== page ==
China’s restricted air-zone, part two

Continuing his Eastern Asia visit, Vice President Joe Biden met with Chinese President Xi Jinping to talk about China’s latest attempt to control an air-zone over disputed islands with Japan. The men talked for five hours, “without resolving the rising international tensions over China’s declaration of a new air-defense zone, leaving questions over the next moves for each power and U.S. allies,” as reported in the Wall Street Journal

Both the Times and the Journal reported about Biden’s attempt to offer political advice to the President. The Journal article utilized a much gentler tone compared to the Times article, that used such language as “shuttling from one feuding neighbor to the other…” and opening their article with the following:
“Chinese leaders pushed back at visiting Vice President Joseph R. Biden Jr. on Wednesday over what they assert is their right to control a wide swath of airspace in the bitterly contested East China Sea. But the Chinese also indicated that they had not decided how aggressively to enforce their so-called air defense identification zone, which has ignited tensions with Japan.”
The same situation told with different language and tone can make a huge difference in how a reader interprets a story.

Biden’s overall main goal was to simply talk and advise the Chinese President, as stated from the Journal:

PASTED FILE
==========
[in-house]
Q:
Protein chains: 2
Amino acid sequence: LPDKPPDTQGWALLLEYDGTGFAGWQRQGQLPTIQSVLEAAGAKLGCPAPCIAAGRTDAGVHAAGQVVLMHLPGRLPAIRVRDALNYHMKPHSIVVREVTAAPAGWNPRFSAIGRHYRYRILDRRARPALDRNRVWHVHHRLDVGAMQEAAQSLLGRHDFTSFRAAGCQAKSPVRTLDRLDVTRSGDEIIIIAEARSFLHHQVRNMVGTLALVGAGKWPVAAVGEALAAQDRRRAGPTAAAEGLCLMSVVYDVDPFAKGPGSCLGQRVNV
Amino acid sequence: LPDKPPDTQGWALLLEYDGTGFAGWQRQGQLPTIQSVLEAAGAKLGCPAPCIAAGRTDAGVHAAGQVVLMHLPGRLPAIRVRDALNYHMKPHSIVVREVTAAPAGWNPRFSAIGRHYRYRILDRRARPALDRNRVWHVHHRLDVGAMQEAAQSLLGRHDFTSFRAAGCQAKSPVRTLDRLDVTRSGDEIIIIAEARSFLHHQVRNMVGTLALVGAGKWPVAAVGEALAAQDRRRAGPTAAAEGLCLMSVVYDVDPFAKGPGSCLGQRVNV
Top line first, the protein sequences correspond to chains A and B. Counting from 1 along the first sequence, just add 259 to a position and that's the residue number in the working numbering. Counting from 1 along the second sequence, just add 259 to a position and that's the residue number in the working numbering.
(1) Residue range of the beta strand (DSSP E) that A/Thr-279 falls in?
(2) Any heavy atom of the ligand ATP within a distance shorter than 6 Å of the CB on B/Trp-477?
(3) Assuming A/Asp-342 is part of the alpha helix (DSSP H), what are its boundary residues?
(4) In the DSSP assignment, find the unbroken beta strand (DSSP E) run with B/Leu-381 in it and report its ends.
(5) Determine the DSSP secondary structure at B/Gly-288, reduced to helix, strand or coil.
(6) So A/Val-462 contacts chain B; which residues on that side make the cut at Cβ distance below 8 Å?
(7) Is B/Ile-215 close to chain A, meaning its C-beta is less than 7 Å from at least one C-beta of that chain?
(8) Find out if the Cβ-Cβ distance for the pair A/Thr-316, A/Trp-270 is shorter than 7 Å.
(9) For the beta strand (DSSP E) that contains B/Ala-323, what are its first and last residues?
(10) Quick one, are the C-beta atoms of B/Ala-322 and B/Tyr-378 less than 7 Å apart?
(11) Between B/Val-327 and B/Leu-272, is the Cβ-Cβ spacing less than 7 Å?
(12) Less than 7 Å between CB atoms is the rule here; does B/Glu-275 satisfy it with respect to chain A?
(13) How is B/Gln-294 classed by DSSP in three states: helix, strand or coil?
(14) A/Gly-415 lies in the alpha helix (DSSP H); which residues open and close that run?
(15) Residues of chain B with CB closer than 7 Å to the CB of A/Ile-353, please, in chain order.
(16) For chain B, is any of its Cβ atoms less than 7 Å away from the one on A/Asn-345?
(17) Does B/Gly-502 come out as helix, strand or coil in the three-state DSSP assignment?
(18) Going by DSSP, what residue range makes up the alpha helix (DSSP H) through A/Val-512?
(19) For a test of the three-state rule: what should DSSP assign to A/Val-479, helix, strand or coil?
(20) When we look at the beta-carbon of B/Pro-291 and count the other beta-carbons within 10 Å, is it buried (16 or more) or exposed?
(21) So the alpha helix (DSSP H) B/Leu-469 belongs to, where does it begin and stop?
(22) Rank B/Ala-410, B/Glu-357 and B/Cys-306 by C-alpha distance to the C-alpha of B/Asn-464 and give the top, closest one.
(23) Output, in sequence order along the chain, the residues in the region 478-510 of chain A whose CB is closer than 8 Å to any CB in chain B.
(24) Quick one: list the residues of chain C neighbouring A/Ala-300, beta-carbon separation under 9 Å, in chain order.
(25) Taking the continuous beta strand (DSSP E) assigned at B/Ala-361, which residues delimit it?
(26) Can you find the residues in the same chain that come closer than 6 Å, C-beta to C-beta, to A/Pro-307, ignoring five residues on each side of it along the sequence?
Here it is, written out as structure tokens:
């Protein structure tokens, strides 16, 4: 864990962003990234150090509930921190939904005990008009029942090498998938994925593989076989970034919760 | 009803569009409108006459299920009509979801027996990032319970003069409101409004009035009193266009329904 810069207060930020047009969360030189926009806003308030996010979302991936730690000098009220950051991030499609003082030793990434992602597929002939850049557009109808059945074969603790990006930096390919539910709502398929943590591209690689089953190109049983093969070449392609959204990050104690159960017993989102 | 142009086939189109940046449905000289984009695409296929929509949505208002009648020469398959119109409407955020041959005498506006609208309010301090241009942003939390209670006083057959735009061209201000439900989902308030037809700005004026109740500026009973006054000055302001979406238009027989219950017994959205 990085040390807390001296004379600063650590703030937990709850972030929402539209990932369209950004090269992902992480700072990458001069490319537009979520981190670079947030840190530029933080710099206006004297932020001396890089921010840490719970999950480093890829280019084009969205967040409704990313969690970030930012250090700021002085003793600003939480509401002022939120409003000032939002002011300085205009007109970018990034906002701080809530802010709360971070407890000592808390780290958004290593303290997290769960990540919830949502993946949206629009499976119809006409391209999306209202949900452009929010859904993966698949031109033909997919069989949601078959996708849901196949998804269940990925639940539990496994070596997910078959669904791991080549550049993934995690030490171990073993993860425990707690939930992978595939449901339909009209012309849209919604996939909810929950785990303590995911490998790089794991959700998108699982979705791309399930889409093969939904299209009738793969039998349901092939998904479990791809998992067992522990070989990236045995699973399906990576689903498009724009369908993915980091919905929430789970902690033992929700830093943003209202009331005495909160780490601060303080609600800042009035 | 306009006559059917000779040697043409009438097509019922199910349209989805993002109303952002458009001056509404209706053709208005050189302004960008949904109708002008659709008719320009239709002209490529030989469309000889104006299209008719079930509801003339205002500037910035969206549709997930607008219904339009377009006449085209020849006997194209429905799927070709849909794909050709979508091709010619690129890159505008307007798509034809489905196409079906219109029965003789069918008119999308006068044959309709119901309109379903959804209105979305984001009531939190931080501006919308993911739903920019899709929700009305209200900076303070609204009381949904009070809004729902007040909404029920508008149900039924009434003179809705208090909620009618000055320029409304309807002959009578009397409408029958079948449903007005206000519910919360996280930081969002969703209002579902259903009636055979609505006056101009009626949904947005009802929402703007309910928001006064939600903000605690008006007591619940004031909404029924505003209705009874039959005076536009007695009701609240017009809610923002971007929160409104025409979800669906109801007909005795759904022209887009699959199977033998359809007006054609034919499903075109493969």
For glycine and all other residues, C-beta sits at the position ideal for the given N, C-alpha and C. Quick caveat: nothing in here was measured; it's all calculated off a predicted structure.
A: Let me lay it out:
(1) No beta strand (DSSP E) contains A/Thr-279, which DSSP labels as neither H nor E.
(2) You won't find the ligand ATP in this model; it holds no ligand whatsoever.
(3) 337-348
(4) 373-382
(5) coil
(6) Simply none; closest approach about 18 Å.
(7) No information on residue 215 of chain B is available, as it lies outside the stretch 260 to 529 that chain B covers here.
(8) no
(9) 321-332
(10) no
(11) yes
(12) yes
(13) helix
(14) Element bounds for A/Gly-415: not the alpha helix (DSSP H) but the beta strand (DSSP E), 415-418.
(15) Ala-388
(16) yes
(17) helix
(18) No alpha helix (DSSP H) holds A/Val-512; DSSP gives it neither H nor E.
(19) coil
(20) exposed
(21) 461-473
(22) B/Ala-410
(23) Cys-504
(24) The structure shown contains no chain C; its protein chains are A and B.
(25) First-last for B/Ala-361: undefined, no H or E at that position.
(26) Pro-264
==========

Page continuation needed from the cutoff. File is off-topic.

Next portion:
“As part of his argument in favor of reducing tensions, Mr. Biden told Mr. Xi that China should adopt a series of measures to restore trust and confidence among neighbors in the region, including by establishing a system of emergency communications, or hot lines, that would rapidly connect officials from China and Japan, and possibly other countries.”

Both articles were fairly long, with the Journal article totaling around 900 words. The Times article was even more, taking up two different (web) pages. Normally Vice President Biden doesn’t get so much attention in the press, but this trip could aid in solving an international issue. Plus, Japan is a U.S. ally.

“The most urgent thing is, we want them to work with Japan and South Korea directly to do confidence-building measures,” said a senior administration official from the Journal.
Being the Vice President, Biden did try to be as diplomatic and courteous as possible.

“Mr. Biden stopped short of calling on China to rescind the zone, something it is highly unlikely to do, given the nationalist sentiments that have been animated by its standoff with Japan. The American military has ignored the zone, sending B-52 bombers last week to fly through it,” the Times reported.
The impact of this story potentially involves all American citizens, whether they are aware of the conflict or not.

While most international issues get shrugged off as not important, a majority of foreign conflicts begin as little problems that go unresolved, and build up to even larger conflicts.

The truth is seen throughout both of these stories. Neither the White House or Vice President Biden are being transparent about the trip’s intended goals, but are still being politically correct and diplomatic concurrently.

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